Report: Senate Committee Chair Lauds EPA
The chairman of the Senate Committee on Environment and Public Works released a report touting the importance of the Environmental Protection Agency to America’s health and economic well-being. The staff report from California Democrat Barbara Boxer is salted with numbers (the economic benefit of water quality standards in the Clean Water Act is $11 billion per year) and statements from officials with credentials (President Gerald Ford: “Nothing is more essential to the life of every single American than clean air, pure food and safe drinking water.”)
All types of freshwater wetlands in the U.S. increased in area in the last five years except for forested wetlands, according to a report from the U.S. Fish and Wildlife Service. The report looked at the time period 2004-09. National wetland losses exceeded gains, but on balance the decrease in wetland area (25,200 hectares) was statistically insignificant compared to the size of the nation’s wetlands (44.6 million hectares).
Report: Water Data
As ordered by Congress, a group of federal agencies involved in water management released a report assessing the nation’s capacity to monitor the effects of climate change on freshwater resources. The report concludes that gaps exist. Current methods of data-gathering are insufficient. Agencies need better coordination and integration of the data they collect. And they need to use better forecasting-models to anticipate changes in the hydrologic cycle. The Global Change Research Program is beginning to address some of the concerns by developing a data portal to store and manage water information across agencies.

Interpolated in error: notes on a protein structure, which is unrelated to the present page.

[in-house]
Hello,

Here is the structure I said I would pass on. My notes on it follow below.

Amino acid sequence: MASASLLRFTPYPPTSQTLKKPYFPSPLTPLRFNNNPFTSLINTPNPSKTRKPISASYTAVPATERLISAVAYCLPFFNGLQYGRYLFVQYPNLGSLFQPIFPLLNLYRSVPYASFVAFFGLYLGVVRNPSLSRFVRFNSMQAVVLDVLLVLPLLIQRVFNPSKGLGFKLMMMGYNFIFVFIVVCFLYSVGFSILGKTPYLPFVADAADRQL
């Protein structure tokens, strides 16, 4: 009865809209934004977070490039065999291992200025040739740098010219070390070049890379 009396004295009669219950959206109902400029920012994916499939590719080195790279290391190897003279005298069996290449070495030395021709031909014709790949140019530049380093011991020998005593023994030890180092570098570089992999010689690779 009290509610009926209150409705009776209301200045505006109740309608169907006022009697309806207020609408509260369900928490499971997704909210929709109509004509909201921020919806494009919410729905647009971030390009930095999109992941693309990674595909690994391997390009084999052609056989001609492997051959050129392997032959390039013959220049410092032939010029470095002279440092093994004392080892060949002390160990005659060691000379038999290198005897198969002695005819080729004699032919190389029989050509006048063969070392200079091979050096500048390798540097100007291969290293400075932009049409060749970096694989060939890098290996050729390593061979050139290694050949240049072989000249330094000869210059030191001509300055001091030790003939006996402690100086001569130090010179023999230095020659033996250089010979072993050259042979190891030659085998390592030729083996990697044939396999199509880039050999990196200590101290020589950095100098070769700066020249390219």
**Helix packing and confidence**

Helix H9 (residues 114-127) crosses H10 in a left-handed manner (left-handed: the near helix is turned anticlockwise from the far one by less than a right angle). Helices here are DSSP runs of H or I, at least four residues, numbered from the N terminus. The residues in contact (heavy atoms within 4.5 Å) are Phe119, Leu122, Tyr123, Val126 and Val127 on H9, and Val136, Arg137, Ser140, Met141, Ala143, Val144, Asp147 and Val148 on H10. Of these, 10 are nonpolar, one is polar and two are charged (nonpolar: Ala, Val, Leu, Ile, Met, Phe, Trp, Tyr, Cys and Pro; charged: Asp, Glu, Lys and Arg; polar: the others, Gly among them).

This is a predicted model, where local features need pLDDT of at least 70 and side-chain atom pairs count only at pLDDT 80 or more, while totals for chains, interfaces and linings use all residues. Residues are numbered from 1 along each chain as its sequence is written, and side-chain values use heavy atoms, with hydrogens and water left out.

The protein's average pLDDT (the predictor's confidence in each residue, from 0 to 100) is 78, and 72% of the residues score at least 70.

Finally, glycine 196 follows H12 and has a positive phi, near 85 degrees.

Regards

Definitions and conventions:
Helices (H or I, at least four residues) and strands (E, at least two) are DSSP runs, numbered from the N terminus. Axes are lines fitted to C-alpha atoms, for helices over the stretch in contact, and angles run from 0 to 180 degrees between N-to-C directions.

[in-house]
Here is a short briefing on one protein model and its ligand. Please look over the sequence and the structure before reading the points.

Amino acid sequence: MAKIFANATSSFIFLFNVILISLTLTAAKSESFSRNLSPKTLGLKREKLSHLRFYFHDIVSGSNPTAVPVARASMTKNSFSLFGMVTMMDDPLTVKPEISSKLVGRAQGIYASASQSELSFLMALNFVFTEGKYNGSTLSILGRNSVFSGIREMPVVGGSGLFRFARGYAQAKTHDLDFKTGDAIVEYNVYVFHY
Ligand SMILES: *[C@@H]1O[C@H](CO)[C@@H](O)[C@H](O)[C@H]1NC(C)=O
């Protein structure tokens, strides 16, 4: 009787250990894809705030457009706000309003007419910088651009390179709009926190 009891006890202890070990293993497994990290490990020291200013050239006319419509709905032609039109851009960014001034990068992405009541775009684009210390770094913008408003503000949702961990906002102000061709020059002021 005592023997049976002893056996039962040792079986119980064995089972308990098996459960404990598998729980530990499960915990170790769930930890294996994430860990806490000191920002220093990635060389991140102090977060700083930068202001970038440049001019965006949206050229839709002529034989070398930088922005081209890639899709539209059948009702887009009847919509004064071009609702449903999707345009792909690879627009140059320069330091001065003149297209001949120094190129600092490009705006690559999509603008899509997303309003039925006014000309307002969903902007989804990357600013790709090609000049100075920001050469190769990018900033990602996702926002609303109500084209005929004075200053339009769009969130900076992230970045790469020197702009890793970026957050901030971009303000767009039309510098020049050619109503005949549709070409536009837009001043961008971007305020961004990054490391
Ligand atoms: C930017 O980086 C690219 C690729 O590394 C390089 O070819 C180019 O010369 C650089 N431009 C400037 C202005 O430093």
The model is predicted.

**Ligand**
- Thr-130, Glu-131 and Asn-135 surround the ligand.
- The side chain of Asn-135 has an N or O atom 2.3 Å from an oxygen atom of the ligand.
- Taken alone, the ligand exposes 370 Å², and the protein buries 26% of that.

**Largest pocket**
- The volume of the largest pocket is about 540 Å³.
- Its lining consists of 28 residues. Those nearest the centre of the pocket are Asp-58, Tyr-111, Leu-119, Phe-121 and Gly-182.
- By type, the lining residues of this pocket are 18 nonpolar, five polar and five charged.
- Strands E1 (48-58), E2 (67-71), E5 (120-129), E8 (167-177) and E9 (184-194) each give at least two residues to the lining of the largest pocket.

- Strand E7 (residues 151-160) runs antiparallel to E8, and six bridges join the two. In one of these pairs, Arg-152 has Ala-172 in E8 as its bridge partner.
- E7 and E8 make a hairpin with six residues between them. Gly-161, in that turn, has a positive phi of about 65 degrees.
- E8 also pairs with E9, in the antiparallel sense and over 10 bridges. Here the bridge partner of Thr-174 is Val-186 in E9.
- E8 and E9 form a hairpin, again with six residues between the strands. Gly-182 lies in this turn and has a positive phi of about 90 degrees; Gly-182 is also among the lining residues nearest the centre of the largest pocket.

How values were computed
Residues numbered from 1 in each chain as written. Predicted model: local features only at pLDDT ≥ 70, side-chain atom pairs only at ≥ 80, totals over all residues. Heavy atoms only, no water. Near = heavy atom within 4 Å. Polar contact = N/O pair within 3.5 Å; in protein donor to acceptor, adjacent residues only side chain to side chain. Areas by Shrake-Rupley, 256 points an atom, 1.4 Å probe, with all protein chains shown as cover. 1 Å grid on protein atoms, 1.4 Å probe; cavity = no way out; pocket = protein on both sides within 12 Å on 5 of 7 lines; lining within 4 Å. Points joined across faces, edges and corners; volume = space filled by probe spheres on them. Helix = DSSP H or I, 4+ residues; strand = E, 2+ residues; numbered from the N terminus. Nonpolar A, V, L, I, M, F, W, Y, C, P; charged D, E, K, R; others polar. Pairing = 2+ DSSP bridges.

Speaking of Data Portals…
The Department of Energy has a new energy information hub. Unlike the department’s more technical sites, Open Energy aims to be both an energy-wikipedia for the lay audience and a data clearinghouse. Want to compare utility rates across the country? You can find it here. Don’t know much about solar power? There’s a page for that.
Science Database Terminated
In his 2012 budget President Obama cut a U.S. Geological Survey-managed database that catalogs the nation’s biological resources. The databases, maps and applications will be removed by January 15. Cutting the National Biological Information Infrastructure will save $7 million.
Projects to control sediment and nutrient runoff into the Chesapeake Bay will receive $10.9 million in federal grants, the Associated Press reports. The Department of Agriculture released a fiscal year 2010 review of its actions in the bay’s watershed.
The Department of Energy has issued a $134 million loan guarantee to a cellulosic ethanol producer. Abengoa will build a plant in Kansas to turn waste material from corn and wheat harvests into biofuel. Cellulosic fuels are expected to play a significant role in the nation’s biofuel policy, but to date, they have not amounted to much.
We Want You
The National Drinking Water Advisory Council is accepting nominations for five vacancies. The council makes policy recommendations to the EPA. New members will serve through December 2014. You have until October 31 to submit nominations to firstname.lastname@example.org, using the subject line “NDWACResume2012”.
Brett writes about agriculture, energy, infrastructure, and the politics and economics of water in the United States. He also writes the Federal Water Tap, Circle of Blue’s weekly digest of U.S. government water news. He is the winner of two Society of Environmental Journalists reporting awards, one of the top honors in American environmental journalism: first place for explanatory reporting for a series on septic system pollution in the United States(2016) and third place for beat reporting in a small market (2014). He received the Sierra Club’s Distinguished Service Award in 2018. Brett lives in Seattle, where he hikes the mountains and bakes pies. Contact Brett Walton